Temperance allows us to overcome a lack of motivation. The most successful people, the happiest ones, keep making progress because they are disciplined with their actions. Motivation will leave all of us at times–as our energy does–but discipline is as concrete and constant as breathing.

Temperance is a thought exercise. Constantly ask yourself if you should be worrying about what you are worrying about. Ryan Holiday, the most notable contemporary stoic philosopher, recommends that when we face distraction or distress, ask ourselves: do you have a problem in your life? If not, then don’t worry. If the answer is yes, ask yourself can you do something about it? If the answer to that question is yes, then don’t worry; it is in your control to fix it. If not, then don’t worry as it is completely out of your control.

Evidently, temperance is more than getting out of bed at five a.m., taking a cold shower and running in the rain. It’s checking your thoughts, teaching your mind to be at ease and worry less. Discipline does manifest physically in the aforementioned ways, but it is more often than not a product of internal dialogue and self-control.

Being temperamental is difficult, but start small. First, identify your goals and understand how being more disciplined will allow you to achieve them. Start with changing how you think. Your thoughts become your actions. Keep the quality of your thoughts high. For example, it can be as simple as doing your homework before you go out on the weekend. Or, as a college student, showing up to all your classes.

However, nowhere have any of these great minds said that to achieve greatness or mastery of the self, you must simply want it. Rather, they emphasize that temperance, along with the three other virtues, is the path to your goals. Remember that motivation is fleeting and often absent. Discipline–a major aspect of temperance–exists outside motivation. Temperance is not a question of whether you want to do x, it means you are going to do x unless you physically cannot do so.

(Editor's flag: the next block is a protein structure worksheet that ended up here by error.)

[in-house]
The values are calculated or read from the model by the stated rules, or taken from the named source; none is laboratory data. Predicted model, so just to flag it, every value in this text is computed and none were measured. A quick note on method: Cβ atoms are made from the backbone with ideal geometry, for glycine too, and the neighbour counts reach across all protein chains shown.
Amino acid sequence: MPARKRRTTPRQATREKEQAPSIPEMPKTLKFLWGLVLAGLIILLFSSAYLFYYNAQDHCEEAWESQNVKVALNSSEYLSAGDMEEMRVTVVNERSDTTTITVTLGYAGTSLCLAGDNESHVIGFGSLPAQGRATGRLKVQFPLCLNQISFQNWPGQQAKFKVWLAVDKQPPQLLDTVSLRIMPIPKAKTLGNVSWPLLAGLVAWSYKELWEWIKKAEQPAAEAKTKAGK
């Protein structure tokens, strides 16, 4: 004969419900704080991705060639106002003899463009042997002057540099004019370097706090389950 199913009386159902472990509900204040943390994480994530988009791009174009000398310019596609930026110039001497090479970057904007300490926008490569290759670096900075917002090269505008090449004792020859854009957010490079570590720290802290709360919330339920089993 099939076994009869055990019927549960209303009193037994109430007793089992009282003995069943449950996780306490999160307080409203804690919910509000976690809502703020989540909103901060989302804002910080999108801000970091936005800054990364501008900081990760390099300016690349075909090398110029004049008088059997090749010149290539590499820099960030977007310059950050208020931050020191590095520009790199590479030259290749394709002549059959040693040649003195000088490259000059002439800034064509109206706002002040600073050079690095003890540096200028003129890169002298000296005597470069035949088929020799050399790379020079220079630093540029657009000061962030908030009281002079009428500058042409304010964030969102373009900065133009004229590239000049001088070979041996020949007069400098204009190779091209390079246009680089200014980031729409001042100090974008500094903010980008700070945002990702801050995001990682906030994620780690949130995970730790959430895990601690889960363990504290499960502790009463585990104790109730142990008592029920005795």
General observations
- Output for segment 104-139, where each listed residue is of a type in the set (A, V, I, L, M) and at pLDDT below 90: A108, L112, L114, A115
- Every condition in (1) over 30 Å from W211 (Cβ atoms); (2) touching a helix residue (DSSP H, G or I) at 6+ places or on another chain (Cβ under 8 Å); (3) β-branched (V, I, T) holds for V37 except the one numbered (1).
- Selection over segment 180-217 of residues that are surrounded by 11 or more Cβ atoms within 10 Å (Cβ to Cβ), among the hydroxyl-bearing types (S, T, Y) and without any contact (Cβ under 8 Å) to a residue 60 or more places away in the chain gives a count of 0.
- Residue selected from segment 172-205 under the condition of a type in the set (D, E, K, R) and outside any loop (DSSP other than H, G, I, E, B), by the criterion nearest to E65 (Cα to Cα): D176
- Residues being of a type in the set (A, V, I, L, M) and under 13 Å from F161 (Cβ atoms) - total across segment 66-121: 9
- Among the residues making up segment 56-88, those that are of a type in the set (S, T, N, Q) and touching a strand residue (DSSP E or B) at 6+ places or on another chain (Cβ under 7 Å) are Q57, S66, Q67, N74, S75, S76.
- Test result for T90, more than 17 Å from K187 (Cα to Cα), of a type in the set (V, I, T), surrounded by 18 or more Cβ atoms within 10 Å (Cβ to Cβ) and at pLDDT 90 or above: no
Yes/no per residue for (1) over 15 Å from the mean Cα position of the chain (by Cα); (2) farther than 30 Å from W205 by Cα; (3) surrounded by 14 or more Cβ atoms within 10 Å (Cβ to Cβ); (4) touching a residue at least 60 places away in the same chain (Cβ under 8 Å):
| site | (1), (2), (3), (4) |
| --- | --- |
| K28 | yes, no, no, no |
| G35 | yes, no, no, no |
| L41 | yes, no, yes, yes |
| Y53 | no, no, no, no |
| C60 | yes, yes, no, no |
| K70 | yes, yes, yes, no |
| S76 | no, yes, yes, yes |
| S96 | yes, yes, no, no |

Do not expect perfection. I have lapses in my judgments that are not disciplined at all. But temperance means that even when we fail–and we will do so frequently–we get right back on the path and keep walking forward. Sometimes you tread water for a bit, at times you float, and perhaps you swim fast, but regardless your head is still above water. Temperance is keeping your head above water.

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Comments (6)

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  • L

    LucindaNov 3, 2023 at 4:36 pm

    All things are as they should be
    Our beliefs make such so.
    Temperance is critical in our moment to moment pursuits. Within is our university in life. Higher knowledge is critical. We are in our universal nature and in that of it self is all sufficient

  • P

    PeterOct 26, 2023 at 8:33 am

    At this moment at this time thank you it’s a direction at I need to understand you made it simple to grasp

    • T

      Tate FarinacciOct 27, 2023 at 3:49 pm

      I’m glad you enjoyed it!

  • A

    AbsalomOct 24, 2023 at 10:51 pm

    Powerful and Dynamite

  • D

    Duncan MugambiOct 24, 2023 at 9:43 am

    Thanks for this extraordinary article on temperance, existential difficulties solved by this shared thought.I really appreciate this well structured ideology to calm my mind.
    God bless.

    • T

      Tate FarinacciOct 30, 2023 at 1:35 pm

      I am happy to hear it helped!